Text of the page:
Simon's Town (Afrikaans: Simonstad), sometimes spelled Simonstown, is a town near Cape Town, South Africa, which is home to the South African Navy. It is located on the shores of False Bay, on the eastern side of the Cape Peninsula. For more than two centuries it has been a naval base and harbour (first for the Royal Navy and now the South African Navy). The town is named after Simon van der Stel, an early governor of the Cape Colony.
Restaurants in Simon's Town
4.5 based on 5 reviews
The sheltered inlet of Boulders Beach is located in the Cape peninsula near Simon's Town. Here exists a protected colony of African penguins which can be viewed in their natural habitat via wooden walkways. There is also an excellent beach for swimming nearby.
Having read previous reviews I was worried Boulders beach would be pack, especially as we didn’t arrive until 12pm. However, it was not crowded at all. Definitely worth walking down to the beach, once you’ve walked on the wooden walkways, and then squeeze through the rocks at the far end and you can really walk next to some penguins. You may get wet feet though!
4.5 based on 61 reviews
Though enticing for its fine white sand and clear blue surf, there’s no swimming at this beach—at least not for humans. Foxy Beach is strictly reserved for African penguins.
It may be busy as tour buses stop but it is worth the bustle to stand and watch the antics of so many penguins waddling around the beach, swimming and sunbathing totally oblivious of all the cameras trained on them. A must do on a trip to Cape Point
4.5 based on 91 reviews
Another Dutch East India Company property, this former governor’s home contains crafts and artifacts illustrating local cultural heritage.
This is one way of learning about Simon`s town history and its fun. it is for all age groups and can be done as a family or on your own. There is a lot of things to look at and you could spend the hole day here as there is just so much to learn.
4.5 based on 71 reviews
I had a really enjoyable time here. Interesting information about the SA Navy, both pre 1994 and afterwards. A lot about action in World War Two with the intriguing news that the South African Navy sank a few Japanese submarines. The post-apartheid period Navy is impressive in its projection of SA. Friendly staff on duty, helpful when I thought I had lost something there. If you are staying in Simon's Town for a few days, you will have an interesting hour and a half here. For military history buffs, for sure, but it also says a lot about South Africa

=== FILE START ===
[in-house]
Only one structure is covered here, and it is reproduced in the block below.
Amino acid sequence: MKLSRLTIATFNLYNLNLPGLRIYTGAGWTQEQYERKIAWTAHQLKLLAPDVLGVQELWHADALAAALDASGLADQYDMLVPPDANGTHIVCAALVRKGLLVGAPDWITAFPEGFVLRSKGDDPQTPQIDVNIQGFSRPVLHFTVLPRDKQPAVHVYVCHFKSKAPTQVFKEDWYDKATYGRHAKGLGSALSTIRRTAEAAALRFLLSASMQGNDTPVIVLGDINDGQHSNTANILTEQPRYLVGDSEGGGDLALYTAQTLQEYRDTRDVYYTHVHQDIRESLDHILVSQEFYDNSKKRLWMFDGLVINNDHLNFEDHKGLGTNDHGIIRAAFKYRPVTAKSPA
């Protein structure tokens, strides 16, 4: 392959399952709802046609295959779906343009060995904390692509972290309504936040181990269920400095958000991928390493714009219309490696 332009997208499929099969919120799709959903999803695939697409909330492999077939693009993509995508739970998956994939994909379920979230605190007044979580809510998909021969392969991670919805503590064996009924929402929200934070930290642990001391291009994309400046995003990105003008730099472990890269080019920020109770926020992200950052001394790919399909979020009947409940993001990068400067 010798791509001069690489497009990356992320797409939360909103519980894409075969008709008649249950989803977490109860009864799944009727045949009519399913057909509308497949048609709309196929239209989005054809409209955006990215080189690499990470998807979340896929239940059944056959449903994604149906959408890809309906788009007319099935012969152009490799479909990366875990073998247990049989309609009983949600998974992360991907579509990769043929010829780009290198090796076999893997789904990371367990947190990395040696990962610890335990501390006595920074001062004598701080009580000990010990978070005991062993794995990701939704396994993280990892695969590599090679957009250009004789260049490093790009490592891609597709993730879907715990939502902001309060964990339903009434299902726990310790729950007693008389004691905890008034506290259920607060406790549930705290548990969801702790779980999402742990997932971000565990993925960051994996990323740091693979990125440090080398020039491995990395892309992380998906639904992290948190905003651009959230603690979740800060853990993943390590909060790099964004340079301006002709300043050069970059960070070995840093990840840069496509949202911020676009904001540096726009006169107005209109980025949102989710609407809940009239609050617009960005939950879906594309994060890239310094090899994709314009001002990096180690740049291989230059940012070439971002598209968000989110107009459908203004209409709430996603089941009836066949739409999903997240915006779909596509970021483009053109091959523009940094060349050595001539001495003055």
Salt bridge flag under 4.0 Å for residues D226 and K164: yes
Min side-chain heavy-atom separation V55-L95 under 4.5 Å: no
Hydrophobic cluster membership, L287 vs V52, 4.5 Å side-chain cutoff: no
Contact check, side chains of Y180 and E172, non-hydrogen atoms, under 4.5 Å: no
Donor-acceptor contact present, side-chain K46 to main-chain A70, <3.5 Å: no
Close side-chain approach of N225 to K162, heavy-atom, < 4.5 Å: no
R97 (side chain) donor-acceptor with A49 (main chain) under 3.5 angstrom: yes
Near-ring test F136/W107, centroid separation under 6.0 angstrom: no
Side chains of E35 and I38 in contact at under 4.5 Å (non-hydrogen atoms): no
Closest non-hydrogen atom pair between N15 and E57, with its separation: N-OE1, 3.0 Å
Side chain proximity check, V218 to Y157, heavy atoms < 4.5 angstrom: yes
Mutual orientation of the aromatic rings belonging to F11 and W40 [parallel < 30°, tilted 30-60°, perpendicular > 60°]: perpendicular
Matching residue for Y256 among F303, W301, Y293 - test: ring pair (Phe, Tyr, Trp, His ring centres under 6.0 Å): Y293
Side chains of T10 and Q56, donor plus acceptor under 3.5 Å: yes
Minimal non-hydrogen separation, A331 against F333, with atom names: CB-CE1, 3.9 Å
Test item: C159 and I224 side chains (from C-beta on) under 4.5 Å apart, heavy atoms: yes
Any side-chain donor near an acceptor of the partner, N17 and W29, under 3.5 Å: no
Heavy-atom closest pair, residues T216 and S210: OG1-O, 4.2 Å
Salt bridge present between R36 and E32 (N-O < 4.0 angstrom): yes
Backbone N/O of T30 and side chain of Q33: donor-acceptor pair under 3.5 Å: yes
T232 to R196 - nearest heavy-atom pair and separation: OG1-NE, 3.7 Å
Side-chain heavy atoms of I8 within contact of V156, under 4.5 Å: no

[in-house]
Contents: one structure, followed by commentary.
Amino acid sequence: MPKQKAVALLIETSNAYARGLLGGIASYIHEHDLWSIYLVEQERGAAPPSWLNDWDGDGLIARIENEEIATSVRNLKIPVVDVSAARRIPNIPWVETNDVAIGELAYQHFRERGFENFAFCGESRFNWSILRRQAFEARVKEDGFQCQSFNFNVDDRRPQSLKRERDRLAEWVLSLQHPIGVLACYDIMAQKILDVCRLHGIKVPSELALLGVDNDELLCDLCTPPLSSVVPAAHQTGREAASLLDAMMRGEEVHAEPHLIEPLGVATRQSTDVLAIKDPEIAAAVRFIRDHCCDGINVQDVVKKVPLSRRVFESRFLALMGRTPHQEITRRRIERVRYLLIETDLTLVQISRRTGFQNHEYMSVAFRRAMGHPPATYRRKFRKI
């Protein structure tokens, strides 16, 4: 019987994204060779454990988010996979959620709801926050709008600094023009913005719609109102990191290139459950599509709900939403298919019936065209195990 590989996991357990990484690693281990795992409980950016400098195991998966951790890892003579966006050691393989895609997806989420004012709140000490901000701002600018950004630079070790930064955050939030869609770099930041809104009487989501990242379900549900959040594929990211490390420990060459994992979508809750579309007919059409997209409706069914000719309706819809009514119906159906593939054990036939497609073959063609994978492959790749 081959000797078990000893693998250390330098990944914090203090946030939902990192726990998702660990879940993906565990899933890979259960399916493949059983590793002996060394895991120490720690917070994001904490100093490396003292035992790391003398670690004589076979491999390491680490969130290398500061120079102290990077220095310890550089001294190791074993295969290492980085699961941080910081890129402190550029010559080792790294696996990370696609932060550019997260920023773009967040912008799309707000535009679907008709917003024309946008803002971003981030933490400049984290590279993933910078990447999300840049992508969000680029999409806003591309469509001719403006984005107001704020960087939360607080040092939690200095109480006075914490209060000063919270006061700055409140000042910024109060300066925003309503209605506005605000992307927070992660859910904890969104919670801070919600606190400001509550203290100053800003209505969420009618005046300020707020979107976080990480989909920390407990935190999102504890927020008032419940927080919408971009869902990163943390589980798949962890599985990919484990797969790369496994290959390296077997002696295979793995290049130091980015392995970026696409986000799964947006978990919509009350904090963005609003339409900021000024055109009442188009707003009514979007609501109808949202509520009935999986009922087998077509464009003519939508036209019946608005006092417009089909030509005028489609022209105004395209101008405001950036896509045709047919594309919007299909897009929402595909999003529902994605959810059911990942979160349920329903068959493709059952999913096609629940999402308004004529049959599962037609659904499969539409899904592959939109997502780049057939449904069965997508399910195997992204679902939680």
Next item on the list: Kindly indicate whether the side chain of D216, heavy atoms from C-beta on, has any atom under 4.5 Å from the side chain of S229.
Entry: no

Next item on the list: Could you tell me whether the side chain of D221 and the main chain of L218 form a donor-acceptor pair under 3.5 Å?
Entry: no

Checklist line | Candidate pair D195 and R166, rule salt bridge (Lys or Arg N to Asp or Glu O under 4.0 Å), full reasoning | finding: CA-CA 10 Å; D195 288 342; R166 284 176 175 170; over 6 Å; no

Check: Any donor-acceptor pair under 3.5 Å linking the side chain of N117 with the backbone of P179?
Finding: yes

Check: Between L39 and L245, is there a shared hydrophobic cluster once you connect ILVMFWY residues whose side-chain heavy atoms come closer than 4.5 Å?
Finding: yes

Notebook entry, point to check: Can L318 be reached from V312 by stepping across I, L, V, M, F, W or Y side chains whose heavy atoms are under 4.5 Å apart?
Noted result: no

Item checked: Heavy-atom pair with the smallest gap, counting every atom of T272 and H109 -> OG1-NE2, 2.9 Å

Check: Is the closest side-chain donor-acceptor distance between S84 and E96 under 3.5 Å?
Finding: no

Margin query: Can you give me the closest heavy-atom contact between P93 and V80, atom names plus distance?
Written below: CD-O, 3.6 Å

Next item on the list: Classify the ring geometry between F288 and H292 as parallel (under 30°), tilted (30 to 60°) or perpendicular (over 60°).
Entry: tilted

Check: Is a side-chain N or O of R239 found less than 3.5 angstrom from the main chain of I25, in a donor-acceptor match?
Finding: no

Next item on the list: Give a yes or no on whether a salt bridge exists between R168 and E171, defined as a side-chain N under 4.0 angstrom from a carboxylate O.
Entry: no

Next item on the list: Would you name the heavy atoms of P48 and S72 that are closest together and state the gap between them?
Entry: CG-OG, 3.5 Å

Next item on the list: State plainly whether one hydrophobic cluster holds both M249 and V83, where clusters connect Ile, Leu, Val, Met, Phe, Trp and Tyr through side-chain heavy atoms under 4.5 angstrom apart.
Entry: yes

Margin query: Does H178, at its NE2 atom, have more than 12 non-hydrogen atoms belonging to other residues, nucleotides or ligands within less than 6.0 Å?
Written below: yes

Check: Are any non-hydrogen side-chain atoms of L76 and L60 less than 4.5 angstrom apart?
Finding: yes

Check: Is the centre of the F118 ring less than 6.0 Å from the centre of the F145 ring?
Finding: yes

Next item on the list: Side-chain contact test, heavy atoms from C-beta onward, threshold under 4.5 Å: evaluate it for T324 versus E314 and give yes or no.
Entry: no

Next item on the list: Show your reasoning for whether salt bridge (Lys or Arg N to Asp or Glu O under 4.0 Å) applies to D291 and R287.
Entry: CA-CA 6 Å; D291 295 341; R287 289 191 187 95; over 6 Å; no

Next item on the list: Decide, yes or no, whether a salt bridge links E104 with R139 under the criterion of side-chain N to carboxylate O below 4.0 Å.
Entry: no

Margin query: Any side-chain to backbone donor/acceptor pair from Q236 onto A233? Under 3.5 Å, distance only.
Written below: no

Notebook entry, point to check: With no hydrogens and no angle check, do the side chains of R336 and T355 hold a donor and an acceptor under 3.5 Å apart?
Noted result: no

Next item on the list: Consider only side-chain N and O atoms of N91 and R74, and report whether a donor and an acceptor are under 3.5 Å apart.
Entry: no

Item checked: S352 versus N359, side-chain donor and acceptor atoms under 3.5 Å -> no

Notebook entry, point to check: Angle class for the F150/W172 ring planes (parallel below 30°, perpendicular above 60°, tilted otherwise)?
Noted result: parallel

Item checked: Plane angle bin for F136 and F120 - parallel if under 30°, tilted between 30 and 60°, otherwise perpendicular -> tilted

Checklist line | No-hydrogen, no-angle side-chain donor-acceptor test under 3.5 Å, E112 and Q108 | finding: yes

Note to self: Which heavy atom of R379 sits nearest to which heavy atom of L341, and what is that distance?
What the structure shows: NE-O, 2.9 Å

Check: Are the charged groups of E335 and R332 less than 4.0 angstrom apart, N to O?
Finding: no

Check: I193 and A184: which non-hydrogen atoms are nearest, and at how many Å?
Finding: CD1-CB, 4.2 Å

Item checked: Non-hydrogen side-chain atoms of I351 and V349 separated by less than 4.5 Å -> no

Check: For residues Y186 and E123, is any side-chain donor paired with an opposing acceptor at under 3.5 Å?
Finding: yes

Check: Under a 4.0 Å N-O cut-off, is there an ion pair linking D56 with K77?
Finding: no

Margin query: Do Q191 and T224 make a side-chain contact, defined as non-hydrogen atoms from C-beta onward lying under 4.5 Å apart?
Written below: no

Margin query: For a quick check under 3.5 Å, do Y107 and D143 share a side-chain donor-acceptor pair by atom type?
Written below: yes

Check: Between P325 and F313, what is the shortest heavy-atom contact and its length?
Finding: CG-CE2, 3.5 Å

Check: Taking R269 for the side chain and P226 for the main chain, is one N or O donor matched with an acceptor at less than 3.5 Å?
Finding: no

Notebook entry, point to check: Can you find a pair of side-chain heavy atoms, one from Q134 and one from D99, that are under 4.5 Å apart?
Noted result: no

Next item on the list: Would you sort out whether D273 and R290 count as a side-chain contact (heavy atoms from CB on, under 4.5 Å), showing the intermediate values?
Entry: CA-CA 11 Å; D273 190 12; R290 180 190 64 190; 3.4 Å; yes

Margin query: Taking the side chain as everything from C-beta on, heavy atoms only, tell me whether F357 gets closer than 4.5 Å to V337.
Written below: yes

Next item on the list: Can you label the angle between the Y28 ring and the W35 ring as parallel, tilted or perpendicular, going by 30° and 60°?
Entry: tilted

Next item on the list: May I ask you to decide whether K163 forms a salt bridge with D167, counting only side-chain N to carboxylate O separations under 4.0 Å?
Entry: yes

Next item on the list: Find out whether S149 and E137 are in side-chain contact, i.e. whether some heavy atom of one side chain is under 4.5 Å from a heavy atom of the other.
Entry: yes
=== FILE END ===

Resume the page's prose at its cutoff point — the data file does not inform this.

4 based on 54 reviews
I visited the toy museum as I love old stuff. I was very impressed with the collection of antique toys on display. I really enjoyed the doll collection. They also have a toy train that runs on a track through the museum. It took me back to my childhood. I will definitely take my children there when we are on holiday in Simons Town one day.
4.5 based on 48 reviews
SA Navy Museum Submarine
What a superb hour spent with Shaun. The kids loved the stories and we all became more aware of the hardships of living beneath the sea for long stretches of time. The sub is about to have some cosmetic surgery so we were lucky to see her before her upgrade. Don't hesitate to visit when she is back in action. Thank you so much for you time Shaun!
4 based on 29 reviews
When you look at any guide book about Simon's Town you will always hear the story of this Great Dane who befriended the local sailors. If you are walking about this pretty town its worth taken a few minutes to search out this beautiful statue and give him a pat. Bertha's restaurant at the wharf has some great images of him in the inside of their restaurant and I believe that there is more information about him in the Simon's Town museum ( can't confirm as we ran out of time to visit)
4 based on 10 reviews
Historic Square and Jetty in the heart of Simon's Town with many interesting exhibits, including the statue of Just Nuisance. Also the departure point for Whale watching and Shark diving within False Bay. This attraction offers something for everyone.
Jubilee square has an outdoor market of African artisan work. There were sculptures, bowls, clothing and jewelry. I found a beautiful tablecloth with bright colours. It is necessary to bargain.
4.5 based on 6 reviews
This is a converted house, easy to miss. Look for the Toy Museum and its the next road south on the right. Downstairs consists of four rooms with wall to wall accounts and photographs of those of minority faiths who travelled through South Africa as slaves and those who were compulsorily moved from their dwellings without compensation.
This is run by three members of the same family of Islamic origin. I commented to the lady who showed me around that you could spend a week here Reading the family histories that have been neatly catalogued in ring binders. School parties frequently attend for educational talks..
It is clear that they believe that history should be kept alive to give those of us from other parts of the world an insight into the suffering of the thousands of slaves and free people who passed through Cape Town, an even more key port than it is now prior to the building of the Suez Canal.
Love of history motives the curators who are not subsidized; they function on a donation basis.
ThingsTodoPost © 2018 All rights reserved.